Conservatives but also members of extremist groups are reportedly planning to turn up on Saturday at Prague’s Wenceslas Square to actively demonstrate against the Prague Pride Festival which celebrates GLBT culture. No such demonstration, however, has been given approval by the city, according to the Czech News Agency. Prague Pride wraps up on Saturday with a parade from the centre of the city to Prague’s Letná Park. It is estimated that up to 20,000 people could take part. Several hundred police will monitor the route of the parade to try and prevent any incidents. Conservatives groups have consistently slammed the festival since it began four years ago, alleging it went against ‘family values’ and that participants were‘deviants’.
Prime Minister Bohuslav Sobotka on Thursday met with the Minister For Human Rights and Minorities Jiří Dienstbier to discuss problems and priorities in the given portfolio. He praised the minister’s strategy in fighting social exclusion and integrating the Roma minority. Minister Dienstbier is pushing ahead with plans to establish social housing and is currently working on a bill that would increase the powers of the Ombudsman.
A group of two dozen MPs from across the political spectrum received the 2013 bePROUD prize for supporting minority rights. The prize was awarded in recognition of their joint effort to push through legislation which would enable gay and lesbian couples to adopt their partner’s child. The draft legislation tabled shortly before the lower house was disbanded to open the way for early elections late last year failed to win approval. The 2013 anti-prize went to psychologist Jeroným Klimeš for “spreading stereotypes and homophobic statements about the gay and lesbian community”.
A recent dramatic police raid of two Islamic centres in Prague has put the spotlight on the country’s Muslim community. Community leaders have denounced the operation as excessive but the police have charged one man over the distribution of an allegedly xenophobic book. So why did Czech Muslims publish a book by a radical Wahabi author? In this edition of In Focus, we discuss the situation of the Czech Muslim community with Bronislav Ostřanský from the Czech Academy of Sciences. I first asked him about the book, The Fundamentals of Tawheed by Bilal Philips, whose Czech edition was the apparent cause of the police raid. More
The Indonesian Embassy in Prague has filed a complaint to the Czech Foreign Ministry over Friday’s police raid at the headquarters of Prague’s Islamic Foundation and a mosque on the outskirts of the city. The raid, made in connection with an allegedly racist publication, took place during Friday prayers disrupting the ceremony attended by around one hundred believers, including women and children. Among them were members of the Indonesian Embassy who were detained for an hour and a half despite their diplomatic status. The police detained 20 people and charged one of inciting racial hatred and xenophobia.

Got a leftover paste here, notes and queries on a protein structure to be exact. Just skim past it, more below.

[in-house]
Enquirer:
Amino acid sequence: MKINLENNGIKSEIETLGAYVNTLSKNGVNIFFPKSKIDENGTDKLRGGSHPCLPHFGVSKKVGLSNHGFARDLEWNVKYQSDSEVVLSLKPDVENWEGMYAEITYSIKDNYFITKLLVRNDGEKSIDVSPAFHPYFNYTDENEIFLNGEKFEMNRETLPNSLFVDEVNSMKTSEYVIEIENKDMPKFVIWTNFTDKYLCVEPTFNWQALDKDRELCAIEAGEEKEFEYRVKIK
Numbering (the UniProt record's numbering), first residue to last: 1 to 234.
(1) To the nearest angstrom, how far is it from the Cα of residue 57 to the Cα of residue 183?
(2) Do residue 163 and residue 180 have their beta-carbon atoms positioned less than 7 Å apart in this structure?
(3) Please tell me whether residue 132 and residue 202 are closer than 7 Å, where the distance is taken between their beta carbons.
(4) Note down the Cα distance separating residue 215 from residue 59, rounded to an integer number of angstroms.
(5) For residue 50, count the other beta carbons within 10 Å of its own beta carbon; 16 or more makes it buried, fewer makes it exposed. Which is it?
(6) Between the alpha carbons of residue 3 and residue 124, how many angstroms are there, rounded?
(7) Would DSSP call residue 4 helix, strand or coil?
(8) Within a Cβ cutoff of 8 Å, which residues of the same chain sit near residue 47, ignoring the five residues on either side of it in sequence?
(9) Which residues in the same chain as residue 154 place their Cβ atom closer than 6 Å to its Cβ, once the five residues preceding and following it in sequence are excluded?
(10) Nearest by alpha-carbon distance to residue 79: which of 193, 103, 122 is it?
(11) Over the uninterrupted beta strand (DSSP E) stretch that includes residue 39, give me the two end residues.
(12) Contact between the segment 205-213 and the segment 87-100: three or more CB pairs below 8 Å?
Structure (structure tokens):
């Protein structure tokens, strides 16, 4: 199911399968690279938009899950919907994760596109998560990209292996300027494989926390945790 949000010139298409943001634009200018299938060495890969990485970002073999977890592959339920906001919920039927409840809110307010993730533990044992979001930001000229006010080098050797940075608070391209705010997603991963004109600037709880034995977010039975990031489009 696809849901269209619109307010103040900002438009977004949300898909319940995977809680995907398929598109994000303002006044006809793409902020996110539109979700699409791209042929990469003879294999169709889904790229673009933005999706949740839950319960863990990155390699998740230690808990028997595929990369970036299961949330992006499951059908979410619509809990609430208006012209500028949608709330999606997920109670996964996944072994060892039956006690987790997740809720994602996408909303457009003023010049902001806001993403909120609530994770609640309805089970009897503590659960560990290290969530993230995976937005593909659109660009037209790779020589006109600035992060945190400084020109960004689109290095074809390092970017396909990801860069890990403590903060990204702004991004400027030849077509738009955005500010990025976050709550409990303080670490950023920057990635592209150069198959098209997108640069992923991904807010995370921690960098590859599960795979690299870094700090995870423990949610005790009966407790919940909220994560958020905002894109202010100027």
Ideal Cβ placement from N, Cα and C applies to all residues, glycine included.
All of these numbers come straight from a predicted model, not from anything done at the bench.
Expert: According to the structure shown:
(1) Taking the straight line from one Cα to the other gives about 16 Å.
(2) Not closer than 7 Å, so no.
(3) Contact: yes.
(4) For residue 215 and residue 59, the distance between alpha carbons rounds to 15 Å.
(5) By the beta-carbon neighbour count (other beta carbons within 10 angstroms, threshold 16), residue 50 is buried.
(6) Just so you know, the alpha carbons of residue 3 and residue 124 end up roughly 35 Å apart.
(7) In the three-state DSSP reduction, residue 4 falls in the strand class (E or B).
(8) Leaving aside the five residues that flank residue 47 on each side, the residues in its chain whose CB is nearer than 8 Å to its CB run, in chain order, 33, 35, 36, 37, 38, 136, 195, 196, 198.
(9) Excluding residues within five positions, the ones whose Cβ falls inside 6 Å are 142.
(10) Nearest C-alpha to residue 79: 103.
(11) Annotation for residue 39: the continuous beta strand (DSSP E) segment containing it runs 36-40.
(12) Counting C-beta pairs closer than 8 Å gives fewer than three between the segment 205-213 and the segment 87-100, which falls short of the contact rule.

The Czech Republic’s Muslim community has complained after police raided the headquarters of Prague’s Islamic Foundation and a mosque on the outskirts of the city during Friday prayers, detaining some 20 people and filing hate crime charges against one man. Muslim community leaders say the operation was over the top – and deny inciting ethnic or religious hatred. More
A number of Czech towns and cities marked Holocaust Remembrance Day on Monday with traditional outdoor ceremonies at which the names of Holocaust victims are read out by politicians, church dignitaries and leading cultural figures. In the Czech capital the ceremony took place at Prague’s Náměstí Míru square attended among others by the minister for human rights and minorities, Jiří Dienstbier, the Israeli ambassador to Prague Garz Koren and others. The event, held for the 9th year now, is jointly organized by the Foundation for Holocaust Victims and the Terezín Initiative Institute. Of Czechoslovakia’s pre-war Jewish population of 350,000, 250,000 died during the Holocaust.
Current AffairsGovernment’s agency for social inclusion issues grim report on the situation of the Roma minority
The government’s agency for social inclusion on Wednesday presented the Rusnok cabinet with a grim report on the situation of the Romany minority, in which it claims that the problems in housing have deteriorated in an alarming way and little progress has been made in other areas. Coincidentally, on the same day, the Senate rejected a proposal by the EC on how to address these issues successfully. I asked the head of the government’s agency for social inclusion Martin Šimácek to outline the main areas of concern. More
The Interior Ministry has confirmed it aims to hire an additional 1,000 police to its roughly 39,000-strong force next year. According to the ministry, many would serve in districts in the country hit by high unemployment, growing crime and extremism and ethnic unrest. Officers are to receive special training to operate in sometimes difficult conditions, gaining knowledge of the local environment. In addition, the government aims to boost the number of crime-prevention assistants operating in areas, a programme which has already seen a good measure of success. More
The Interior Ministry wants to station specially trained police officers in the country’s slums, according to a report presented to the government on Friday. The move comes in the wake of rising petty crime in poverty-ridden areas of the country and growing tension between its inhabitants and the majority population. There are presently between 300 and 400 slums in the Czech Republic with an estimated 80,000 inhabitants, the greater part of them Romanies. It is not clear how many specialists would be needed but the ministry envisaged training around 50 a year.